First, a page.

Thursday, March 19, 2015

When Activist Investors Knocked on the Door

A few years ago, I was on the Board of Directors for a NYSE-listed public company when an activist investor appeared at our doorstep. These investors are individuals or groups that purchase large numbers of a public company's shares - or seek to obtain seats on the company's board - with the goal of bringing about major changes.

In our case, the investor bought 8% of the company and over several weeks increased his holdings to almost 20%. As the lead director for our company, it was my duty to understand this investor’s motivation and intention.

Thus began my education in the tactics of outside investors who fundamentally disagree with the strategies of incumbent management.
Today, there are scores of such investors who are persistently scanning the performance records of public companies for opportunities to force change of strategy, direction and/or execution.  Here is a good summary of some leading activists.

These investors commonly look for one or more symptoms:
  • Low P/E multiples vs. peers, indicating a valuation disadvantage
  • Trend of missed earnings guidance
  • Clubby board composition
  • Companies going through a major change in leadership and/or market conditions
  • High levels of cash/assets that can be better monetized
  • Persistently under-performing divisions or operations; candidates for divestiture
  • History of accounting irregularities/governance issues
  • Declining investor sentiment

The common thread here is the indictment of current management strategies and practices.
In our case, the activist implemented a proxy fight and secured for himself both the CEO seat and half of the Board positions. At this point, the shareholders voted to give the activist the reigns to drive the company forward.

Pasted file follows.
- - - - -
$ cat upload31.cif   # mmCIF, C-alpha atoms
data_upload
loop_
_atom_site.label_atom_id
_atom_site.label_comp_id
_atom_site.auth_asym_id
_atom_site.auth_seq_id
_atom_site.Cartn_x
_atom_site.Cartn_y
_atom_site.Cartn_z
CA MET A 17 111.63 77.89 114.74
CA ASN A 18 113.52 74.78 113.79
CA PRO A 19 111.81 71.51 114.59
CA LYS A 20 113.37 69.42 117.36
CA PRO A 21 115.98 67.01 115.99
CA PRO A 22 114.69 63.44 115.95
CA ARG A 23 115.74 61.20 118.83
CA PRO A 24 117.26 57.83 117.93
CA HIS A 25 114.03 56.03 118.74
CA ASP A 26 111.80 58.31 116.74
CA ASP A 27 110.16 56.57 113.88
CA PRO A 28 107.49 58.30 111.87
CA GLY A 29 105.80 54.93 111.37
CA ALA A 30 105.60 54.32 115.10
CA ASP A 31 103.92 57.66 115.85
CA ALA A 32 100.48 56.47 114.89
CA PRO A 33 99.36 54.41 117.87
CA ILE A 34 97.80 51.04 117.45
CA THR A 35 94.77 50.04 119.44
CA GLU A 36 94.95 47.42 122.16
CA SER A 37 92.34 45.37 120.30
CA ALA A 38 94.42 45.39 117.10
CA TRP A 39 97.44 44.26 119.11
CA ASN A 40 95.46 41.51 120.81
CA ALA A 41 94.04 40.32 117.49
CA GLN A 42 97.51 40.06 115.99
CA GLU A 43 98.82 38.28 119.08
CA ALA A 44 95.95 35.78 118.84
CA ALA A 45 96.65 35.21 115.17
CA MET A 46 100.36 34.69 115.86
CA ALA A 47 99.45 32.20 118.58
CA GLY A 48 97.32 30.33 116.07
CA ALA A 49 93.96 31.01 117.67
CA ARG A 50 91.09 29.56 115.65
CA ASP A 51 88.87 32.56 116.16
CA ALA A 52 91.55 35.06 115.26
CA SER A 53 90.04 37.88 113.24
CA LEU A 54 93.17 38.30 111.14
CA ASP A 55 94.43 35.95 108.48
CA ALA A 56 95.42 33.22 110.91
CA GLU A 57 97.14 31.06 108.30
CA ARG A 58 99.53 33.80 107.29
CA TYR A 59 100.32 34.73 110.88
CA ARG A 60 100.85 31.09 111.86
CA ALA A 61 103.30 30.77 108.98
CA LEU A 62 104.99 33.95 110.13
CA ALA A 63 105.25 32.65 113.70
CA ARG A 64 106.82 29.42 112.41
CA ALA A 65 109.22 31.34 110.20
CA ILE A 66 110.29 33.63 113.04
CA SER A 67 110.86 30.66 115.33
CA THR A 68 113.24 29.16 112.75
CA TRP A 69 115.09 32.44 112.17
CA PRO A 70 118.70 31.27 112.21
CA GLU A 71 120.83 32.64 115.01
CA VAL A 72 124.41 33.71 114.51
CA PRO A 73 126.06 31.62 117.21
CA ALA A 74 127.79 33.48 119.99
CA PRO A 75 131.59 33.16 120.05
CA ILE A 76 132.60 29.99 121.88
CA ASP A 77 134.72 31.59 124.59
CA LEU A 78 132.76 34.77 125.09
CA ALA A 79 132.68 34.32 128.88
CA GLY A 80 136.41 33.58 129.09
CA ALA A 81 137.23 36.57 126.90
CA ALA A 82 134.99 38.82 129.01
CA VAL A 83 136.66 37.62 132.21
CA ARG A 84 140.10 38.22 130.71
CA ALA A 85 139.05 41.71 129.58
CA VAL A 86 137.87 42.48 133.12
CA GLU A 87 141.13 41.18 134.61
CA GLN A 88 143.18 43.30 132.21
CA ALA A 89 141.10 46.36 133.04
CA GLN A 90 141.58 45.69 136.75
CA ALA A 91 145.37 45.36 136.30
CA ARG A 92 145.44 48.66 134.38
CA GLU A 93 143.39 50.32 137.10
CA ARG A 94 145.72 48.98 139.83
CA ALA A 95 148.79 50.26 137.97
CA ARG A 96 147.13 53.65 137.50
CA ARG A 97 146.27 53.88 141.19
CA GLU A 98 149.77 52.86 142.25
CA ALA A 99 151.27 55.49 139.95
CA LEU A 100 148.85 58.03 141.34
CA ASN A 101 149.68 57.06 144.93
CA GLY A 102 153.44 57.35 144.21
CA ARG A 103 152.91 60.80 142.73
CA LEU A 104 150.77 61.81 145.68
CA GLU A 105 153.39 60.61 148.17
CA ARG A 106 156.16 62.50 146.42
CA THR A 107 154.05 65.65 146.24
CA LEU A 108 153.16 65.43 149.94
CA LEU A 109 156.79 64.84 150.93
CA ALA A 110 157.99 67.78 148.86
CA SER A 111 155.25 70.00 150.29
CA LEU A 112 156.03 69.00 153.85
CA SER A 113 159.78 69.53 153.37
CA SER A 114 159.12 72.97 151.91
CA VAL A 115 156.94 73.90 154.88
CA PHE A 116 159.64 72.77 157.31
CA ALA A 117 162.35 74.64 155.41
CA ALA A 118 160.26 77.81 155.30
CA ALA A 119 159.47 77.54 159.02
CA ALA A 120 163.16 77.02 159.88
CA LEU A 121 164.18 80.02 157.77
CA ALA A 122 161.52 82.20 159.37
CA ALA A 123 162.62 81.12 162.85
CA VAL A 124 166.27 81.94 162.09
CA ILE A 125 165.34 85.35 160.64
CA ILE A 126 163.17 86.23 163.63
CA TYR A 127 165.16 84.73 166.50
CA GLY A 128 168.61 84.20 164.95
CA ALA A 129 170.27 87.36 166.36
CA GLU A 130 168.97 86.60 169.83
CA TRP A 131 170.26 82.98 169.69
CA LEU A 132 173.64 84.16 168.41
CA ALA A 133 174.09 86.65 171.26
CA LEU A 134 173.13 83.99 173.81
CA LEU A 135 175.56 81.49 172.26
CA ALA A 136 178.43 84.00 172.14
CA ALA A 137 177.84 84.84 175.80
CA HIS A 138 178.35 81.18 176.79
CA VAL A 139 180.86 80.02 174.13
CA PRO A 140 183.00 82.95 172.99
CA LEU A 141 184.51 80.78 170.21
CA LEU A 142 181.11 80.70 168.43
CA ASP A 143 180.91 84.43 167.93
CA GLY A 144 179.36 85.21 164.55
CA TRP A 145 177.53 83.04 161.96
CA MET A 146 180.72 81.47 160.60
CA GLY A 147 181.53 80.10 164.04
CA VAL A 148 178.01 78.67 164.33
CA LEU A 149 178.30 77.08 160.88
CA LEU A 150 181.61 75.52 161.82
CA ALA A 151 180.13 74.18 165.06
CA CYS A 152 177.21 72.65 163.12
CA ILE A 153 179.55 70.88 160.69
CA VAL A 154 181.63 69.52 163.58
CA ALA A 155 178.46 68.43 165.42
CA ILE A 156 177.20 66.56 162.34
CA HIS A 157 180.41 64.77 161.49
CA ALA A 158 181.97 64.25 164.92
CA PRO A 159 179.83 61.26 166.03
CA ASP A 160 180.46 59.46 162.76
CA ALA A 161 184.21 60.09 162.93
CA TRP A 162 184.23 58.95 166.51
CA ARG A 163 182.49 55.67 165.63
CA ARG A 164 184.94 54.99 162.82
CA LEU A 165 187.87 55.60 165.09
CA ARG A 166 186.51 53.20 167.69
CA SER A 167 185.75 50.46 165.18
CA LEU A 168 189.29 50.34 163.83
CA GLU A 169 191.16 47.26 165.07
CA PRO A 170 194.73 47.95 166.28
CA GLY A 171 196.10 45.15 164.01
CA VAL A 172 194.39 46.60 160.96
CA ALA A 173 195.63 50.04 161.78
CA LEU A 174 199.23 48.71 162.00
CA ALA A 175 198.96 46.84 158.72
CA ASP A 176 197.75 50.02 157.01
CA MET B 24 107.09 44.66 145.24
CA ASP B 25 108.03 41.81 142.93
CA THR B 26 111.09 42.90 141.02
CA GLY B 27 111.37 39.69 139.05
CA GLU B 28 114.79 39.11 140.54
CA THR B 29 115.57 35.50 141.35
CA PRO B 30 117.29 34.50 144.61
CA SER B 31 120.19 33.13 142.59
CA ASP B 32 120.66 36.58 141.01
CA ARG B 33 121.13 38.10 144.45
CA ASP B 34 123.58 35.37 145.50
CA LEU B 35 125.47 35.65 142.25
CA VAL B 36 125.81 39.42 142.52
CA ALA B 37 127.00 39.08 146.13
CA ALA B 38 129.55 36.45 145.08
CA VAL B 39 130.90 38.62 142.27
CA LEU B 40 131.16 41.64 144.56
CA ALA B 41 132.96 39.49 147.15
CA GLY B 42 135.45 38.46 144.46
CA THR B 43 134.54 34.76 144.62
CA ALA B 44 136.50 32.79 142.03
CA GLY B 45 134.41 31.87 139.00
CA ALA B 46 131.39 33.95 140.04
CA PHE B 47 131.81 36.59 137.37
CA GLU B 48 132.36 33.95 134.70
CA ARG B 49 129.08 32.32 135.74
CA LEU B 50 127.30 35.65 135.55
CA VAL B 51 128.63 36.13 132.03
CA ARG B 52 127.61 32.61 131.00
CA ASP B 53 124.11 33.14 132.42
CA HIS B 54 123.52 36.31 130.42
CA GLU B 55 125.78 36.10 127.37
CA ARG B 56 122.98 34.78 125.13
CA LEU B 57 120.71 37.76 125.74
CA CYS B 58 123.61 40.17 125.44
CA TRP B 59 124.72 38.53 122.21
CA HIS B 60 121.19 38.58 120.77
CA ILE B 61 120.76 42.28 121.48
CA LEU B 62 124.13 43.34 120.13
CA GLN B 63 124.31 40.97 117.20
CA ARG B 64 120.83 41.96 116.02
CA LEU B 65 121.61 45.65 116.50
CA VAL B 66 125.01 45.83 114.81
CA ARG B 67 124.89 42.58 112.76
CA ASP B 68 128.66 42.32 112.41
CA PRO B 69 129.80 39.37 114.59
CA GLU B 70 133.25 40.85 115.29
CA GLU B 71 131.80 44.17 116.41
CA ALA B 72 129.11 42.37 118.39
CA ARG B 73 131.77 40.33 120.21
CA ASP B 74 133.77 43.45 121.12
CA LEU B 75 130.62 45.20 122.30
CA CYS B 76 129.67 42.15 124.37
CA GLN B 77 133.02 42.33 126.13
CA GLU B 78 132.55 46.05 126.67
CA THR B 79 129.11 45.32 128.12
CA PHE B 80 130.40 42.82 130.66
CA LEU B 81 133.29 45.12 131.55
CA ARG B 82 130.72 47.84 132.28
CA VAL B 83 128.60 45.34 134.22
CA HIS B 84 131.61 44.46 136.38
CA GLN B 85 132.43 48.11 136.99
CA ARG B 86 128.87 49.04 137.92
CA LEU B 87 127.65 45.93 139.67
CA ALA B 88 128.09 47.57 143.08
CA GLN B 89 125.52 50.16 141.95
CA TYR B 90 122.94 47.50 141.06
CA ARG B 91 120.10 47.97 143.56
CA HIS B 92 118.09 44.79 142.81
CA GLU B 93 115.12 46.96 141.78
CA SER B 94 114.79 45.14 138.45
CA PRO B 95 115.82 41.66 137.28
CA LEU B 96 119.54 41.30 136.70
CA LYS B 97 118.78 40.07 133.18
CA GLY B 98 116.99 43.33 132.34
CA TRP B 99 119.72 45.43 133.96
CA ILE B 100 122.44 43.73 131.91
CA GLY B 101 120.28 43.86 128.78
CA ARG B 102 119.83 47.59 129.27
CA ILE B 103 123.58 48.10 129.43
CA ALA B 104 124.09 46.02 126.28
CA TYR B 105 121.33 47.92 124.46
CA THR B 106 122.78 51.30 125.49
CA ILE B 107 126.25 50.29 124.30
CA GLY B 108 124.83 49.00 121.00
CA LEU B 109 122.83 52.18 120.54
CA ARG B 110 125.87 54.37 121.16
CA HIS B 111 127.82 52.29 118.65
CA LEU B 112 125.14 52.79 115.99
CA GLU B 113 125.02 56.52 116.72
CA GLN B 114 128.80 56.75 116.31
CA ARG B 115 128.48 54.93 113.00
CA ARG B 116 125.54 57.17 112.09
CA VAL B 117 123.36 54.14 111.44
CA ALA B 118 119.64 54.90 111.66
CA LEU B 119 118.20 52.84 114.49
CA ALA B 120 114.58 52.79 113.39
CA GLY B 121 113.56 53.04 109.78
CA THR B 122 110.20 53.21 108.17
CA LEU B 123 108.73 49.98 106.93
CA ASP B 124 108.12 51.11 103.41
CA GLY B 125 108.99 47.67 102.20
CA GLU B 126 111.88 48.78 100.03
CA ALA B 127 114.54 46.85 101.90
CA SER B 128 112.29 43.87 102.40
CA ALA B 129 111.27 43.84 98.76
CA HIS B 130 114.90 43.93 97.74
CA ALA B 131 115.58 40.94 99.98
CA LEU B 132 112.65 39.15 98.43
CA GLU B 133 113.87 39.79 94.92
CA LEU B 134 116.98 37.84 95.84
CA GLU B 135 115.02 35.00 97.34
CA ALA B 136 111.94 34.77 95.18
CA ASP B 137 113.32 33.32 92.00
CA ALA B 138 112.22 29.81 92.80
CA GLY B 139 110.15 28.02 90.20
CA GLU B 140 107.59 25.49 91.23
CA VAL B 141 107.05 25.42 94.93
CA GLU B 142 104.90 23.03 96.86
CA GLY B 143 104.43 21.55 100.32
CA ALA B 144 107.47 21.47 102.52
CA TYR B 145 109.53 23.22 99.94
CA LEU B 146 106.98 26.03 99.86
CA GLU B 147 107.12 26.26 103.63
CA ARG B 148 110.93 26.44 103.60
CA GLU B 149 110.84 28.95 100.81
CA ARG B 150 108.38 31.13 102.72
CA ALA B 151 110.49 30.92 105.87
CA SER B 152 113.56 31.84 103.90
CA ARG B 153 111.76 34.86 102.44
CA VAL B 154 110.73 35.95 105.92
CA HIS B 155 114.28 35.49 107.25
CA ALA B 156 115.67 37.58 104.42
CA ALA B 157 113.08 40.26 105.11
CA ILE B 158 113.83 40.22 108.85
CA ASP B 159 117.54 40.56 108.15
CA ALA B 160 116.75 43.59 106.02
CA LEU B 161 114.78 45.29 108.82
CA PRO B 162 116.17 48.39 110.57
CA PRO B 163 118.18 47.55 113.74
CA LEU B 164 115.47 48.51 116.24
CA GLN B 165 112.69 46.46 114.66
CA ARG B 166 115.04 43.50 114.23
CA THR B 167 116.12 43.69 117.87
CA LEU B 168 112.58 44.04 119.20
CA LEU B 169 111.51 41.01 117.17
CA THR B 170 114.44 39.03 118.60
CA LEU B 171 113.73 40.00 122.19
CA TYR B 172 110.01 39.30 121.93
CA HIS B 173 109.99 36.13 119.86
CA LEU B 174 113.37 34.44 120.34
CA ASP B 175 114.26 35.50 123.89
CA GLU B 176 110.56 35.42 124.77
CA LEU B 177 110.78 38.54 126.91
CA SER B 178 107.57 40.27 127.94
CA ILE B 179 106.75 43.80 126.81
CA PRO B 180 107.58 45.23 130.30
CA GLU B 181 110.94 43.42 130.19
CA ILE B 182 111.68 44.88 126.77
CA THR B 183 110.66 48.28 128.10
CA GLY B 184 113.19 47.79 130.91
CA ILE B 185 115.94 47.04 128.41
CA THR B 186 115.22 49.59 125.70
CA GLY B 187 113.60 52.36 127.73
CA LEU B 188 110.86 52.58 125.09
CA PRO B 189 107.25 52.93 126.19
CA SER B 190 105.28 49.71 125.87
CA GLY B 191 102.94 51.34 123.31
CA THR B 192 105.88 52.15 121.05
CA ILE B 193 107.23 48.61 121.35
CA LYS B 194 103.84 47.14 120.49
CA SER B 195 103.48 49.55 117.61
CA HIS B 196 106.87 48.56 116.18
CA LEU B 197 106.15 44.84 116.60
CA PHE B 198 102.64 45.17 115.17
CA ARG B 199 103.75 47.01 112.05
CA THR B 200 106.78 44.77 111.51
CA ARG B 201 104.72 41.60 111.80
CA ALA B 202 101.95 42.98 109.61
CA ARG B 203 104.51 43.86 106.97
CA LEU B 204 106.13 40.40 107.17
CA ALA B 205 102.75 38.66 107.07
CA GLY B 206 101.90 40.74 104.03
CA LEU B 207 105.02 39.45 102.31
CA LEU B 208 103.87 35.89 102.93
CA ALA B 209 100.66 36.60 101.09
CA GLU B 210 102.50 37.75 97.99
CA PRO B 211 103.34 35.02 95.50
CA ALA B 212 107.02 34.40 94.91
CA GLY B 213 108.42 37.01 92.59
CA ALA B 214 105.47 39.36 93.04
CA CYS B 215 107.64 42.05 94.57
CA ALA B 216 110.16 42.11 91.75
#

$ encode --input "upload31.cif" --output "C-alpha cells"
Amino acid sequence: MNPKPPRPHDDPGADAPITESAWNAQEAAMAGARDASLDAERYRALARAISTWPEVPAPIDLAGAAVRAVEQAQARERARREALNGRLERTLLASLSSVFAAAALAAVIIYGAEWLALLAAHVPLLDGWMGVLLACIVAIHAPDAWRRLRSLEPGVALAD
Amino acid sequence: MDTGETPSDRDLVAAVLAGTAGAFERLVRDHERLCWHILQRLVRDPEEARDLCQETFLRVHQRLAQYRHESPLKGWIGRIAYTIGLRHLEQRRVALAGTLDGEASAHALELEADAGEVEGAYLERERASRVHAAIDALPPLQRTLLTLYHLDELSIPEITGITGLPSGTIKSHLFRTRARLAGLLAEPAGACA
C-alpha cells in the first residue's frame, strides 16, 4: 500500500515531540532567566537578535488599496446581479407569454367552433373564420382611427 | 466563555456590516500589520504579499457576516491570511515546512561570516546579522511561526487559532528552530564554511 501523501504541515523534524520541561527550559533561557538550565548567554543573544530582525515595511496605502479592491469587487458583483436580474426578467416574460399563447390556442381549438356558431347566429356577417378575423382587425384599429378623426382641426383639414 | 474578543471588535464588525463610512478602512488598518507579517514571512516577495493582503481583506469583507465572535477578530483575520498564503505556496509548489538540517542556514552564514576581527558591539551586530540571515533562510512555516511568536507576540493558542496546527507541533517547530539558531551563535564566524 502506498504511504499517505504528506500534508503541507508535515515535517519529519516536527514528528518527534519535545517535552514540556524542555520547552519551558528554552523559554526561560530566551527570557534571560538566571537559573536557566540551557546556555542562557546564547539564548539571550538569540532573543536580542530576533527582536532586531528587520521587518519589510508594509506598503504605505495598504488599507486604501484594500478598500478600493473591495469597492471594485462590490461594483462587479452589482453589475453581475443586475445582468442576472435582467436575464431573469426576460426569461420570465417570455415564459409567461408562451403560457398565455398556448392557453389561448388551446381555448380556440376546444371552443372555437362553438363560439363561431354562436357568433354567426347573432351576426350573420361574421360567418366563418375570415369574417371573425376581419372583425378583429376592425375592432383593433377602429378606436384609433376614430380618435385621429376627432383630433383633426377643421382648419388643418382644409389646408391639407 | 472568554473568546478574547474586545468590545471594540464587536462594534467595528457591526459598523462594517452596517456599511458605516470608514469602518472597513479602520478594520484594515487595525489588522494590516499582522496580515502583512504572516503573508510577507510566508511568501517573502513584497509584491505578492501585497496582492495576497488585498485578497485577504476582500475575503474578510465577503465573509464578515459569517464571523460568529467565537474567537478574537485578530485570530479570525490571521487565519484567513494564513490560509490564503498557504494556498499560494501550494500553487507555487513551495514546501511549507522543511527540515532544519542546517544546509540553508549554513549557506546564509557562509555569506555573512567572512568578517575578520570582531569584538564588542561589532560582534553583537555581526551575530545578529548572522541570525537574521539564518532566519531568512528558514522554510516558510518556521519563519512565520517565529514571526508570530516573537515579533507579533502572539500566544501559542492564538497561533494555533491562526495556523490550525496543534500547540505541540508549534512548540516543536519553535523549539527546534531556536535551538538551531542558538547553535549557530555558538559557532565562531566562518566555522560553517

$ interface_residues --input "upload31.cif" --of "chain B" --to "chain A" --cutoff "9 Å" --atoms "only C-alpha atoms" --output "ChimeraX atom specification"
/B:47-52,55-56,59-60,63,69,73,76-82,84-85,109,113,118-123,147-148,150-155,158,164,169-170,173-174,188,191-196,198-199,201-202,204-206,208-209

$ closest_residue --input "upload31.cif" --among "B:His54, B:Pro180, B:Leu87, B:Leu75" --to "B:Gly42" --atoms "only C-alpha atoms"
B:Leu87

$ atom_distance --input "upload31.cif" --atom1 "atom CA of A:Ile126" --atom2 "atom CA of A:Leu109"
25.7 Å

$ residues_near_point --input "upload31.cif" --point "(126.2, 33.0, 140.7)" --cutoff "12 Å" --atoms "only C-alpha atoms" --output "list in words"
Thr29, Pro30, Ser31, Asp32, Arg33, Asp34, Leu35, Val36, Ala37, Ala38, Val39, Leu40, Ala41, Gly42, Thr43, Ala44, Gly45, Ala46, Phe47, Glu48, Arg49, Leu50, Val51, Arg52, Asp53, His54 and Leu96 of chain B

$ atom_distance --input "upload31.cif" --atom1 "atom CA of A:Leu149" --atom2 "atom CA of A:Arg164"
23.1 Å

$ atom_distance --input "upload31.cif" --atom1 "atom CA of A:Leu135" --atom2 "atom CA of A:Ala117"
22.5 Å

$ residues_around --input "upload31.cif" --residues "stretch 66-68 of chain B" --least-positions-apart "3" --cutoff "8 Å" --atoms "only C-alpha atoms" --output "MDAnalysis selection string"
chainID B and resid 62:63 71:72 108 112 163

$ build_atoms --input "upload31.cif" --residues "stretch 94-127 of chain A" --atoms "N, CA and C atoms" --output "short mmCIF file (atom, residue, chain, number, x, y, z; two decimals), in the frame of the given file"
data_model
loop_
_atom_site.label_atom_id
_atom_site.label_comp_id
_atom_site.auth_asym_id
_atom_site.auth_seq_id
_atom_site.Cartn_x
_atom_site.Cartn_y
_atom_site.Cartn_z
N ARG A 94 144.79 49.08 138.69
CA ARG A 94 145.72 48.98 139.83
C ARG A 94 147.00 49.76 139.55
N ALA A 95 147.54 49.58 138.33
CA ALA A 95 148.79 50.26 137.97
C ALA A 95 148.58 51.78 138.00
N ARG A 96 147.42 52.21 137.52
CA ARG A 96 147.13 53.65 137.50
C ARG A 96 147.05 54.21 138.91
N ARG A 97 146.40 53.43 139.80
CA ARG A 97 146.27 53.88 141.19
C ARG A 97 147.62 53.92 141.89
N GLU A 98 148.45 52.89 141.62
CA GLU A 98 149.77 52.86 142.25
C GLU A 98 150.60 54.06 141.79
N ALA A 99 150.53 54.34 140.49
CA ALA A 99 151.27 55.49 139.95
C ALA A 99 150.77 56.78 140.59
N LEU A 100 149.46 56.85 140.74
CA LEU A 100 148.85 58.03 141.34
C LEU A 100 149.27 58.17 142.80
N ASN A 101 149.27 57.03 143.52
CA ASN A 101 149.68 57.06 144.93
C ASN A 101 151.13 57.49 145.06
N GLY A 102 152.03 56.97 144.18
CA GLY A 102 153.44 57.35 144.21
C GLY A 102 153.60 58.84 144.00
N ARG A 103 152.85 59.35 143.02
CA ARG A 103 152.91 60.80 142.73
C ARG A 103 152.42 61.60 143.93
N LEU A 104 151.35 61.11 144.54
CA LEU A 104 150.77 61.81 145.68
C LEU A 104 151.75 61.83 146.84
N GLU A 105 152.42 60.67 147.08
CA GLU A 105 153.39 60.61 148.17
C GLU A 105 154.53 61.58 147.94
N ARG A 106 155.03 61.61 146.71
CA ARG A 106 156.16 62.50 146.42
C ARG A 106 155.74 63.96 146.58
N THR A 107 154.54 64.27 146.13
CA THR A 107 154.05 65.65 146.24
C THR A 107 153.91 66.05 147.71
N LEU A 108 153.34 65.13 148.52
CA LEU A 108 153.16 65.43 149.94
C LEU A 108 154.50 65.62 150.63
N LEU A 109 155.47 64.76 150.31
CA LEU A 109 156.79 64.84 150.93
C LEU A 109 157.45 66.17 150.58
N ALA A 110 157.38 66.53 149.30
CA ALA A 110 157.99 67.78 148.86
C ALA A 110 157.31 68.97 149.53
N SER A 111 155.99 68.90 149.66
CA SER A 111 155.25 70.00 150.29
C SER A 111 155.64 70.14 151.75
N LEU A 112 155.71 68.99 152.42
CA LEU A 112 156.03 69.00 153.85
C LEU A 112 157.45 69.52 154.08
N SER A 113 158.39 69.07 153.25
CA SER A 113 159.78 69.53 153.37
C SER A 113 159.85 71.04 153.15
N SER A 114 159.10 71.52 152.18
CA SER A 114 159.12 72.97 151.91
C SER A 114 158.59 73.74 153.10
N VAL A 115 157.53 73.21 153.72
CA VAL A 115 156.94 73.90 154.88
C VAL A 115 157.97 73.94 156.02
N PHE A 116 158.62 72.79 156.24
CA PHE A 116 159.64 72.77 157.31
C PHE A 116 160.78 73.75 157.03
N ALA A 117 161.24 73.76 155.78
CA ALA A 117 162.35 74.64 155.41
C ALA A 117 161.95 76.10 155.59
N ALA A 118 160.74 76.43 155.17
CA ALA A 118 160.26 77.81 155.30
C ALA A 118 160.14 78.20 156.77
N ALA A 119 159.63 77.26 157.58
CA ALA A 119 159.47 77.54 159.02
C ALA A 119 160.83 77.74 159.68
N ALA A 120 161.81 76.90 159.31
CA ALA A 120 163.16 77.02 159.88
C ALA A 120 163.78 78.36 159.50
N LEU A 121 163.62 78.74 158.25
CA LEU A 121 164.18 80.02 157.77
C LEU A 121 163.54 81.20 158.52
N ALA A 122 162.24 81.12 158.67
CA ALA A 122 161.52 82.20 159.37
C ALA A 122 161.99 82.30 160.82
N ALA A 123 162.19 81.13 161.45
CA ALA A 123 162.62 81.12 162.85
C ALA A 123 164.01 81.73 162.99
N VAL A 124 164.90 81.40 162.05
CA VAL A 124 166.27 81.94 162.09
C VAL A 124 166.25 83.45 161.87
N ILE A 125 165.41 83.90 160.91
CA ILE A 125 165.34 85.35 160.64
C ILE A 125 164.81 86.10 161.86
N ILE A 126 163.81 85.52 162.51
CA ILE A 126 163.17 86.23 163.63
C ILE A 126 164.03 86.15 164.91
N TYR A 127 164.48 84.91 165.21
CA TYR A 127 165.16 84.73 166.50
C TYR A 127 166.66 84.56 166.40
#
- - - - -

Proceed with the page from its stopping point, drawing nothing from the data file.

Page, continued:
As activism has become increasingly common across industries, companies have become adept at interacting with these investors in ways intended to avoid loss of control.  Boards of Directors tend to communicate more readily with these investors, consider their questions and ideas, and gauge the degree of shareholder sentiment that these investors represent.
Sometimes the intervention of an activist is just the sort of forcing function that a company’s leadership needs to appreciate the seriousness of shareholder dissent. Too often, the motives of the activist are described as merely a selfish desire for seats on the Board. 

I am hearing this topic more and more in the hallways of the companies I serve. Many perceive the potential for an activist as a call to arms. Many leaders have the motivation to undertake value-enhancing steps themselves, rather than waiting for an activist to seize control of the agenda. 
Progressive CEOs are encouraging their leadership teams to challenge the comfortable and conventional doctrines of their business by asking, not entirely rhetorically, “What would an activist do to drive improved shareholder value?” Some of the more common avenues of inquiry that I experience include:

     Do we have a strategy to win in an increasingly digital market?

     Are our operating units best positioned to perform as part of the enterprise, or as stand-alone companies?

     Are our business support processes sufficiently agile to flex with an increasing pace of change in our markets?

     Is our talent contemporary with the issues and opportunities of our markets?

     Are we engaging with our customers in the ways, and through the channels, that they find optimal?

     Is our structure fit-for-purpose in a world of increasingly nimble competitors?

     Are we investing in the things that make a competitive difference, and buying/subscribing to the services that are best leveraged?
I am finding that such questions increasingly frame the agenda for business units, corporate support functions, and shared services leaders at all levels of many organizations.

Complacency fuels activism. Leaders can leverage some of the same energy by bringing an owner’s mindset to all aspects of their organization’s strategy.

Peter Allen has many years of operating experience as a top executive of rapidly-growing multi-billion dollar companies and in assessing sales and marketing effectiveness. He is now a Boston-based Managing Director at Alvarez & Marsal.

 Image: cdx_cdx ✔/Flickr

Tuesday, March 3, 2015

Four Big Changes from the Internet of Things

As companies seek to integrate connectivity into devices that previously lacked connectivity, my clients want to understand the differences between profitable innovations and costly distractions.